Argentina, Canada and the United States brought the complaint before the WTO in May 2003, stating that an EU moratorium on GM foods was more about business protectionism than concerns about the health of consumers or the environment.

The EU moratorium was lifted in May 2004, but the three countries did not withdraw their complaint because they claim EU member states continue to block the import and cultivation of biotech foods. "The obligations are to allow every (GM) application to be reviewed under science and to be processed without undue delay. Right now, Europe's just not doing that," the US official said.

"The United States is not telling European consumers what products to eat. Europe has to meet its obligations to follow its own approval procedures. European consumers have the decision whether or not to buy them," he added.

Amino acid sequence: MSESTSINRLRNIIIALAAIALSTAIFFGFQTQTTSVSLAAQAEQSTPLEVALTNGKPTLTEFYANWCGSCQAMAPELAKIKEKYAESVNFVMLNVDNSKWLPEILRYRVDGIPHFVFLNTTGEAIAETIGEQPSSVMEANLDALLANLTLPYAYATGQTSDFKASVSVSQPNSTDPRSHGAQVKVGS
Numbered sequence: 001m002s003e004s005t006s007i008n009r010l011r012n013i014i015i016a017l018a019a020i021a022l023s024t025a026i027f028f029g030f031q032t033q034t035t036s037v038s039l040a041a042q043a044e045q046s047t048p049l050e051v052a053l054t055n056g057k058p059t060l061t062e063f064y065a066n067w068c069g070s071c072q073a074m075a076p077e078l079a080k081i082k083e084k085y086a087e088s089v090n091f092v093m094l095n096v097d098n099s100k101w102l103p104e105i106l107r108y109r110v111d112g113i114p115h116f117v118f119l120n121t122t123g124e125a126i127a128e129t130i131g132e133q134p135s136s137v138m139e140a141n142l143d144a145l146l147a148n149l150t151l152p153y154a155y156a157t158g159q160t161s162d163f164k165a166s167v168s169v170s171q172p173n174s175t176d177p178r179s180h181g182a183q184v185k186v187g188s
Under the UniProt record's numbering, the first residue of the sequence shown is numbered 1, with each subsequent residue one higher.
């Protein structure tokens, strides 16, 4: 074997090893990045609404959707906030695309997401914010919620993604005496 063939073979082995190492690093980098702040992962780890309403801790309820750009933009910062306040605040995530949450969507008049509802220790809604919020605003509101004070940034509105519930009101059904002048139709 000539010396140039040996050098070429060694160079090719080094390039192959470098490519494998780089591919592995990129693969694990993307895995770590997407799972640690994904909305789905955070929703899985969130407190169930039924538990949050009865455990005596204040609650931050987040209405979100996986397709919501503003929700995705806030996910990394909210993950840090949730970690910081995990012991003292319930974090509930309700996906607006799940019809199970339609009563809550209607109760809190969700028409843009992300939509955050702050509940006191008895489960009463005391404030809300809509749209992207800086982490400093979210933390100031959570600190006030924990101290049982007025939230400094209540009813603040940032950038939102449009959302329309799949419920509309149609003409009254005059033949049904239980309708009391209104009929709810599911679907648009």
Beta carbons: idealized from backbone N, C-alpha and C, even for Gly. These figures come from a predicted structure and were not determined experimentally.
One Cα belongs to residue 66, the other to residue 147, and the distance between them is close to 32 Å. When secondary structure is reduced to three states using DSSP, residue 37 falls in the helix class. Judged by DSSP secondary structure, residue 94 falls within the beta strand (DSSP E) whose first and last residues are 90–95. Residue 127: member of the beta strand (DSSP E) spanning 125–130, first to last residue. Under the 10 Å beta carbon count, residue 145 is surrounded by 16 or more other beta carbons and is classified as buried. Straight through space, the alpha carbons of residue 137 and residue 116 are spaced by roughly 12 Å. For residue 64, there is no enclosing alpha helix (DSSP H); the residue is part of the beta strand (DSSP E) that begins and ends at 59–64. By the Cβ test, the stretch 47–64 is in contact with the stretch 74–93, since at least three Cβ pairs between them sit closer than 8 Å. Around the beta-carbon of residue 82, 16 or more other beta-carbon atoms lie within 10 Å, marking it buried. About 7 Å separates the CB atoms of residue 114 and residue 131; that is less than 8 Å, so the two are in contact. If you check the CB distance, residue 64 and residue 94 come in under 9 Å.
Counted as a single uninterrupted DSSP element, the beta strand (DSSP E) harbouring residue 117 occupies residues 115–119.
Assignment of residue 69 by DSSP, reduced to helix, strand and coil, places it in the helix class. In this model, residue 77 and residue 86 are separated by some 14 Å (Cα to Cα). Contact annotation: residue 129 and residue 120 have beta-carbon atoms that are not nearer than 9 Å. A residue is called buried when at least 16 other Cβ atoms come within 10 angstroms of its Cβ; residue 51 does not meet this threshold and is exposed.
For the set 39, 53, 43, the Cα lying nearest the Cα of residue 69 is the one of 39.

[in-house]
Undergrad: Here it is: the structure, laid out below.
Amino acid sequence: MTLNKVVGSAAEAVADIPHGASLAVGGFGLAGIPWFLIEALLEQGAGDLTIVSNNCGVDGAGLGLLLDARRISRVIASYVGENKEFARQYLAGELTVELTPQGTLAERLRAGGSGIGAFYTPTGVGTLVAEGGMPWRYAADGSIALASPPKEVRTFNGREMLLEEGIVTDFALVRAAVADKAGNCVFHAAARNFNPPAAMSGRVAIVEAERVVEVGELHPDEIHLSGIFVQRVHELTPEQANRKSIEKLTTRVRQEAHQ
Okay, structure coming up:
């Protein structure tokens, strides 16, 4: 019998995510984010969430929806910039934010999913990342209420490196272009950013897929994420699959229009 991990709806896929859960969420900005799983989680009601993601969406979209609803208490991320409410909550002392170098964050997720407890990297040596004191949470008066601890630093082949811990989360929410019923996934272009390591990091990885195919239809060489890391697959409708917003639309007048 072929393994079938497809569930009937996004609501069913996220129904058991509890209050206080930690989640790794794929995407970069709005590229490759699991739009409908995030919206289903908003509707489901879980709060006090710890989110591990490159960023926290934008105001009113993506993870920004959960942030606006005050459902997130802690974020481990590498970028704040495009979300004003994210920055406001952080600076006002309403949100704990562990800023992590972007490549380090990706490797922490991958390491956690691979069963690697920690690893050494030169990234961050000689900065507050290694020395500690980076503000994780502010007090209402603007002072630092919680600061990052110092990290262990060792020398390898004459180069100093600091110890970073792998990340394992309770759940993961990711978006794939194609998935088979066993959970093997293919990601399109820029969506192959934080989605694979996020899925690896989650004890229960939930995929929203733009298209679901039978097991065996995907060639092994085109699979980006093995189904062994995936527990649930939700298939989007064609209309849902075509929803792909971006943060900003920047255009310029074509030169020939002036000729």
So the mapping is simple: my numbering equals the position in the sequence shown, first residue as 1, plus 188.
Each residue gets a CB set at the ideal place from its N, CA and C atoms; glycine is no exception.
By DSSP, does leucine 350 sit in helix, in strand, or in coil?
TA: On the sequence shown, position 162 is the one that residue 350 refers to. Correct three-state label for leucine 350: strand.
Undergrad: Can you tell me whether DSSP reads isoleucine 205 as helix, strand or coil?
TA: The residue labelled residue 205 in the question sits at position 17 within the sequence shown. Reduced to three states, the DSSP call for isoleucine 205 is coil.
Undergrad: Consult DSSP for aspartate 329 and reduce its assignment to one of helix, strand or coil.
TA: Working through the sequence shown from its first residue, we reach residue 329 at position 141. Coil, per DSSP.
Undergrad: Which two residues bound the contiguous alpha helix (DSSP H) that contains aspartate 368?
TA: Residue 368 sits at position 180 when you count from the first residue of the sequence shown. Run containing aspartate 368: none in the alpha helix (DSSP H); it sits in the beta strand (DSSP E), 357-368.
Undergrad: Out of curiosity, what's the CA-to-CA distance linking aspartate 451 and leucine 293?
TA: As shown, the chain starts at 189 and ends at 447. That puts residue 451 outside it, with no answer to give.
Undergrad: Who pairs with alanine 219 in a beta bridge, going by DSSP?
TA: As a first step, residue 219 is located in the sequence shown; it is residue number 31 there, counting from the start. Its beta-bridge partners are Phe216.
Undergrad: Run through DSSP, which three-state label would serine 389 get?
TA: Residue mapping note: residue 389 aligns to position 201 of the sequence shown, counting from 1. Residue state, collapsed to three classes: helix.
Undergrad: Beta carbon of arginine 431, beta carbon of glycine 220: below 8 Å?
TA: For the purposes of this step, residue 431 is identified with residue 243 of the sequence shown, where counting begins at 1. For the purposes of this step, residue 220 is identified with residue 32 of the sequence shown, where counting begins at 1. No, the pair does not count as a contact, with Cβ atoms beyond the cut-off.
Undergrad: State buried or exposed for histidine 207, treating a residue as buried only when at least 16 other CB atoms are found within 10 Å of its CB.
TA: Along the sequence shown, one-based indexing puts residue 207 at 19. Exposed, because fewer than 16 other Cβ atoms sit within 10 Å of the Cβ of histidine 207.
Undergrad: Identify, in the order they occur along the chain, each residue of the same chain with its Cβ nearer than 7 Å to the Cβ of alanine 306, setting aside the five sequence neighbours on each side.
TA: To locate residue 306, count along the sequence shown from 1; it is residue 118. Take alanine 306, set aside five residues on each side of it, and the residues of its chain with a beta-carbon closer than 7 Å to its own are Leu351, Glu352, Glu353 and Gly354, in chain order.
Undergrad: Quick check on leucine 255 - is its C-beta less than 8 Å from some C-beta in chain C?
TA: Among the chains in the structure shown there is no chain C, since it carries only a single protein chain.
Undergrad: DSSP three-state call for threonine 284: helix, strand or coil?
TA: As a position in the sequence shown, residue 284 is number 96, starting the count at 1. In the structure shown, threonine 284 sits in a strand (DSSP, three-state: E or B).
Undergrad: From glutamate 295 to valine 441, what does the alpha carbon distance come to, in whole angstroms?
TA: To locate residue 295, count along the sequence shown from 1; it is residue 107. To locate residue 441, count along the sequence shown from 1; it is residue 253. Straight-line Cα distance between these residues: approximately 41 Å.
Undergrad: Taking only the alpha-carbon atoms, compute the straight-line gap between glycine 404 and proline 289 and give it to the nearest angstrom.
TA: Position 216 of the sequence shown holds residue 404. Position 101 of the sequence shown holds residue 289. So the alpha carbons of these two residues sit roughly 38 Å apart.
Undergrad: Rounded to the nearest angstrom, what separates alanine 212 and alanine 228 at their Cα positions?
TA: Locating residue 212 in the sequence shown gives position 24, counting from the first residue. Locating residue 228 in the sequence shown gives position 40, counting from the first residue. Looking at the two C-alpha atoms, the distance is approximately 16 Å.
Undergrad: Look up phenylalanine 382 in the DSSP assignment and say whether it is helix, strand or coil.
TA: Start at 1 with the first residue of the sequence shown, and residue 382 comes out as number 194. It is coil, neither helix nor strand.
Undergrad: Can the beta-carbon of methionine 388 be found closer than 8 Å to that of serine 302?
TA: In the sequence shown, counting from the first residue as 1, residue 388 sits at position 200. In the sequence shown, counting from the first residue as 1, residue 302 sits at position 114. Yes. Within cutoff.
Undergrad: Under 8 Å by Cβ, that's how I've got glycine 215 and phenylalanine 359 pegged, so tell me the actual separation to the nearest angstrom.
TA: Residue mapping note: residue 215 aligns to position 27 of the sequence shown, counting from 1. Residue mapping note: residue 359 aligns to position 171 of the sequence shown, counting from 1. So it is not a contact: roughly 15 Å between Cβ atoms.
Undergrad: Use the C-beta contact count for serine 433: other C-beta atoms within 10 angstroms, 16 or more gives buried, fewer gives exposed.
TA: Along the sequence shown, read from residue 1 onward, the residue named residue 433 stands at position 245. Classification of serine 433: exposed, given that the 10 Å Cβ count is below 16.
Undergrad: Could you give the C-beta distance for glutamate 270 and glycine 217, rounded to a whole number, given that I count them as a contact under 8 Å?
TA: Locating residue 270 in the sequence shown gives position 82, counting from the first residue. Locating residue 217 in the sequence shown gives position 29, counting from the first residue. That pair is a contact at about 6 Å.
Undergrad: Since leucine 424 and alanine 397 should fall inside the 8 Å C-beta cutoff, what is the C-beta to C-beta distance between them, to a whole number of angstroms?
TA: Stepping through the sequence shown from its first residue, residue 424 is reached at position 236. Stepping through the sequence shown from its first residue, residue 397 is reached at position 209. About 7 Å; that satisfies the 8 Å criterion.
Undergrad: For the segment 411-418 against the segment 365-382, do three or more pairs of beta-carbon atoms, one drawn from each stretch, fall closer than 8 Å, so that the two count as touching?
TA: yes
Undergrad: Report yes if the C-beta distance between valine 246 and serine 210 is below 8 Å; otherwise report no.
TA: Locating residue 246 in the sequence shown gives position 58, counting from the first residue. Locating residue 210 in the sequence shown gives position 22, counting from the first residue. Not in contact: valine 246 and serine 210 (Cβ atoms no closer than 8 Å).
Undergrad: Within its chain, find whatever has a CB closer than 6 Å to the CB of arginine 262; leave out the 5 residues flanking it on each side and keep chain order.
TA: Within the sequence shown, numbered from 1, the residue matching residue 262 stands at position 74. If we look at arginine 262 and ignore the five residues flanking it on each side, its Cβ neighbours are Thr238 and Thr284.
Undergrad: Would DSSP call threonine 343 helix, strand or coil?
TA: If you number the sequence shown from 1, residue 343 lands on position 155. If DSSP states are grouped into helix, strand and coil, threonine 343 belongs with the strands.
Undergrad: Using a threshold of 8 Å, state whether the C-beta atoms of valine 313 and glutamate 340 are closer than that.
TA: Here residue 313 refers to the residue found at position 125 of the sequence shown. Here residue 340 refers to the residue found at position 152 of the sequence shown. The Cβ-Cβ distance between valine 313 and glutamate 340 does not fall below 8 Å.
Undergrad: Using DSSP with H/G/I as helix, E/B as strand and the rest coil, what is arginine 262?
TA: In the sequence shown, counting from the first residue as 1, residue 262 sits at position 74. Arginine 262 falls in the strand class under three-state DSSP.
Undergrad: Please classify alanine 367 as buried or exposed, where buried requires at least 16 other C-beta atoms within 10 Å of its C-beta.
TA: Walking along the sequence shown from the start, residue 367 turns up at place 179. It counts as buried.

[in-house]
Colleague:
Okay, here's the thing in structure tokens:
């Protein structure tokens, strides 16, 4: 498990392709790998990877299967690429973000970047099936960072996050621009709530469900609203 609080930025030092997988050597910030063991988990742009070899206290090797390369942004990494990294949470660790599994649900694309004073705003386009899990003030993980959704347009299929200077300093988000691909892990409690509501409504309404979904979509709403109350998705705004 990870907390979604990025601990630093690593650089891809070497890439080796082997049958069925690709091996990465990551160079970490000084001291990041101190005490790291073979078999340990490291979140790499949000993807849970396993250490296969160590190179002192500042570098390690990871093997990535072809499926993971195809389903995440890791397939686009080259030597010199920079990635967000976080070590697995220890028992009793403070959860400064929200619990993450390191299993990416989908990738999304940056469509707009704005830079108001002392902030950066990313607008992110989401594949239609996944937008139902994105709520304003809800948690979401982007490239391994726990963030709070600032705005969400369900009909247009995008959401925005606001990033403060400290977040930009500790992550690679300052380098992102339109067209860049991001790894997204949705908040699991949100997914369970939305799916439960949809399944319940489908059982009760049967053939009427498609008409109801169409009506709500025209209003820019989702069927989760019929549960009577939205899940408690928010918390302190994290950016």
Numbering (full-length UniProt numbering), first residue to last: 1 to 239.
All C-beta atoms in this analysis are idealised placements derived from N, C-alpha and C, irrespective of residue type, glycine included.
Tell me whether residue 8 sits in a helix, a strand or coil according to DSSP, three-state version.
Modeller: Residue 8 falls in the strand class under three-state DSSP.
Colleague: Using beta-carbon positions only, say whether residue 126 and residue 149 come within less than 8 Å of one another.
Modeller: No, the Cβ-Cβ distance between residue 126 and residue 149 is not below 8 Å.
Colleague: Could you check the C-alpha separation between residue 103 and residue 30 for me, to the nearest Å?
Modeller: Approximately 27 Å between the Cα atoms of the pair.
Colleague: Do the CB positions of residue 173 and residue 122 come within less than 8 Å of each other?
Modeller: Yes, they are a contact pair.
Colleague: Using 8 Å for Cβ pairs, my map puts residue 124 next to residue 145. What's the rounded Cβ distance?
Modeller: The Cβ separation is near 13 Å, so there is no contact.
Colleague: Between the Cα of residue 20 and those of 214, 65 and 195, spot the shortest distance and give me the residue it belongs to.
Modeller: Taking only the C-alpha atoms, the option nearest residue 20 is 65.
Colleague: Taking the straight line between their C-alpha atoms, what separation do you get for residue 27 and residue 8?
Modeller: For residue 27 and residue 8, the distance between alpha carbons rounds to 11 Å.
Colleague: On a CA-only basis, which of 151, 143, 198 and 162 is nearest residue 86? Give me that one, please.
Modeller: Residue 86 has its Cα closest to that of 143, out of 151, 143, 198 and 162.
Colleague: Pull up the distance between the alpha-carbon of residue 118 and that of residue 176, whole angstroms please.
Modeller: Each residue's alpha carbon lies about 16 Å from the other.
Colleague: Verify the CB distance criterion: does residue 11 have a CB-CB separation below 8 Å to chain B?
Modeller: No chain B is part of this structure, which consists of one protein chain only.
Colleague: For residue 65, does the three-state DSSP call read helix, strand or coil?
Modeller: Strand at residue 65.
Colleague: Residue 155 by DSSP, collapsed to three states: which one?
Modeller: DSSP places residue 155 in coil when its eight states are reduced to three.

WTO Biotech Decision Expected Soon, U.S. Says
- Kathryn McConnell, USINFO.State.Gov, January 27, 2006

Washington -- A preliminary decision by a World Trade Organization (WTO) panel on the U.S. challenge of the European Union (EU) moratorium on approvals for crops derived from biotechnology is expected around February 1, a U.S. trade official said.

The WTO decision was postponed twice, in August 2005 and early January 2006, the Office of the U.S. Trade Representative official told reporters in a January 26 teleconference. Argentina and Canada joined the United States in challenging the EU moratorium, which was imposed in 1998.

A WTO decision in favor of the United States would allow countries to sell large amounts of processed foods containing biotech ingredients to EU countries, the official said. Biotech products are commonly known in Europe as genetically modified (GM).